You should format your commit messages like this:
One-line title Then a description, which may be multiple lines long. This describes the change you are making with this commit. Test Plan: how to test the change in this commit. The test plan can also be several lines long. Reviewers: github-username-a, github-username-b
The first line will be the title of the PR created by
spr diff, and the rest of the lines except for the
Reviewers line will be the PR description (i.e. the content of the first comment). The GitHub users named on the
Reviewers line will be added to the PR as reviewers.
Test Plan section is required to be present by default;
spr diff will fail with an error if it isn’t.
You can disable this in the configuration.
When you create a PR with
spr diff, the PR becomes the source of truth for the title and description. When you land a commit with
spr land, its commit message will be amended to match the PR’s title and description, regardless of what is in your local repo.
If you want to update the title or description, there are two ways to do so:
Modify the PR through GitHub’s UI.
Amend the commit message locally, then run
spr diff --update-message. Note that this does not update reviewers; that must be done in the GitHub UI. If you amend the commit message but don’t include the
--update-messageflag, you’ll get an error.
If you want to go the other way — that is, make your local commit message match the PR’s title and description — you can run
At various stages of a commit’s lifecycle,
spr will add lines to the commit message:
After first creating a PR,
spr diffwill amend the commit message to include a line like this at the end:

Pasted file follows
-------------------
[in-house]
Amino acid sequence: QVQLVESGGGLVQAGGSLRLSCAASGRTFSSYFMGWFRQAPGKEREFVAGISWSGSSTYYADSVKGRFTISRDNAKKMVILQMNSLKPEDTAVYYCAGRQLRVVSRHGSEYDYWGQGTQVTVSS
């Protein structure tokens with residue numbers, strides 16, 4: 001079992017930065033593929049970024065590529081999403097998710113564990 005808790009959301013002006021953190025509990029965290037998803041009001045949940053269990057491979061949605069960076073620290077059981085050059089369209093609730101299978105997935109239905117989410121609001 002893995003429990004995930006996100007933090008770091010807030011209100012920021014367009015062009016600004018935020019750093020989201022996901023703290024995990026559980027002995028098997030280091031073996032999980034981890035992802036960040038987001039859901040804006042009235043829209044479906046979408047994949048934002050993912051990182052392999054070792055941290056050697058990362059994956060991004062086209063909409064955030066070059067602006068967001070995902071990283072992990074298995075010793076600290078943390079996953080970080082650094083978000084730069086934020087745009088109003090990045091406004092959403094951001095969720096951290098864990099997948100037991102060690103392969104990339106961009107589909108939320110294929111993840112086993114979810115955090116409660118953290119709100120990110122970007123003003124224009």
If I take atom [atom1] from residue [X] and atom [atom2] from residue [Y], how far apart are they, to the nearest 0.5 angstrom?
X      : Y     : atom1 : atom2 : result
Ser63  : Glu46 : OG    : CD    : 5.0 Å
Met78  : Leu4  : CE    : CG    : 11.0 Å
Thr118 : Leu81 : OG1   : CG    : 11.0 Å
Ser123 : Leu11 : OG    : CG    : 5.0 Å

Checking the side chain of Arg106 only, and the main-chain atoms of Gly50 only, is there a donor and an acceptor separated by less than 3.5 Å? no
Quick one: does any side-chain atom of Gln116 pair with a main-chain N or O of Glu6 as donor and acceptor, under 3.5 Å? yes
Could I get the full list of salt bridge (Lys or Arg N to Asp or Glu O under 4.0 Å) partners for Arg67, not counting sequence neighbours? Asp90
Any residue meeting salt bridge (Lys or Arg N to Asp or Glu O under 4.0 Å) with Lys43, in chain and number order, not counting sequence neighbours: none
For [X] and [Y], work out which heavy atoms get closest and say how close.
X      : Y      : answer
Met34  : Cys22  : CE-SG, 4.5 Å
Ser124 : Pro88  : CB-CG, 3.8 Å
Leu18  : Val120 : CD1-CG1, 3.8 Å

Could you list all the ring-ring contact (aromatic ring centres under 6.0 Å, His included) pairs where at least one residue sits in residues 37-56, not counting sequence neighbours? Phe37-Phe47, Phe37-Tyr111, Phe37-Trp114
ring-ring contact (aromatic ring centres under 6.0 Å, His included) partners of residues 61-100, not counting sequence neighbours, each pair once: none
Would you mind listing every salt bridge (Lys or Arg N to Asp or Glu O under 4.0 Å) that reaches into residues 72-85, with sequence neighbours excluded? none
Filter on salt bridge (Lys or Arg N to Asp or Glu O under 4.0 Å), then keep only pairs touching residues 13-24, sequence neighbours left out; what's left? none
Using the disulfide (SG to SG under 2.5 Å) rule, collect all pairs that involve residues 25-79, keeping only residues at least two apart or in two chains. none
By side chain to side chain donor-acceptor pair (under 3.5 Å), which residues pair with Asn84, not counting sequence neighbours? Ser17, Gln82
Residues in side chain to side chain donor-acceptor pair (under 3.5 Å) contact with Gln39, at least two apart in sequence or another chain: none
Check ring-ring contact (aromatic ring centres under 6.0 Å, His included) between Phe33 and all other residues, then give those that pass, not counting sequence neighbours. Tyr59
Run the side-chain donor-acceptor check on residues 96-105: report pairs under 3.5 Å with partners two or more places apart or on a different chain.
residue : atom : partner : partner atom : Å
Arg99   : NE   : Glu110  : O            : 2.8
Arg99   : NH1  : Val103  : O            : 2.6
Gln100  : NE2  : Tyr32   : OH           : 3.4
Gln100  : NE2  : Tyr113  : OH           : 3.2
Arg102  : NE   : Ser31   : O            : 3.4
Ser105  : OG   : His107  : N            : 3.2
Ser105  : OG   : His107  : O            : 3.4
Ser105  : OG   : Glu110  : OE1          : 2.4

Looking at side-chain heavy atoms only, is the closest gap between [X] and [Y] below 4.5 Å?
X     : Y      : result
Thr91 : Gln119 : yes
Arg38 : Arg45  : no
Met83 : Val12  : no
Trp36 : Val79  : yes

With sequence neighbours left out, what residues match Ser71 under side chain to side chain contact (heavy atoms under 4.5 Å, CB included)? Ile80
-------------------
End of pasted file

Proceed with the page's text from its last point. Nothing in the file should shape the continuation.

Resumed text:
Pull Request: https://github.com/example/project/pull/123
The presence or absence of this line is how
spr diffknows whether a commit already has a PR created for it, and thus whether it should create a new PR or update an existing one.
spr landwill amend the commit message to exactly match the title/description of the PR (just as
spr amenddoes), as well as adding a line like this:
Reviewed By: github-username-a
This line names the GitHub users who approved the PR.
This is what a commit message should look like when you first commit it, before running
spr at all:
Add feature This is a really cool feature! It's going to be great. Test Plan: - Run tests - Use the feature Reviewers: user-a, coworker-b
spr diff to create a PR, the local commit message will be amended to include a link to the PR:
Add feature This is a really cool feature! It's going to be great. Test Plan: - Run tests - Use the feature Reviewers: user-a, coworker-b Pull Request: https://github.com/example/my-thing/pull/123
In this state, running
spr diff again will update PR 123.
spr land will amend the commit message to have the exact title/description of PR 123, add the list of users who approved the PR, then land the commit. In this case, suppose only
Add feature This is a really cool feature! It's going to be great. Test Plan: - Run tests - Use the feature Reviewers: user-a, coworker-b Reviewed By: coworker-b Pull Request: https://github.com/example/my-thing/pull/123
spr is fairly permissive in parsing your commit message: it is case-insensitive, and it mostly ignores whitespace. You can run
spr format to rewrite your HEAD commit’s message to be in a canonical format.
This command does not touch GitHub; it doesn’t matter whether the commit has a PR created for it or not.
spr land will write the message of the commit it lands in the canonical format; you don’t need to do so yourself before landing.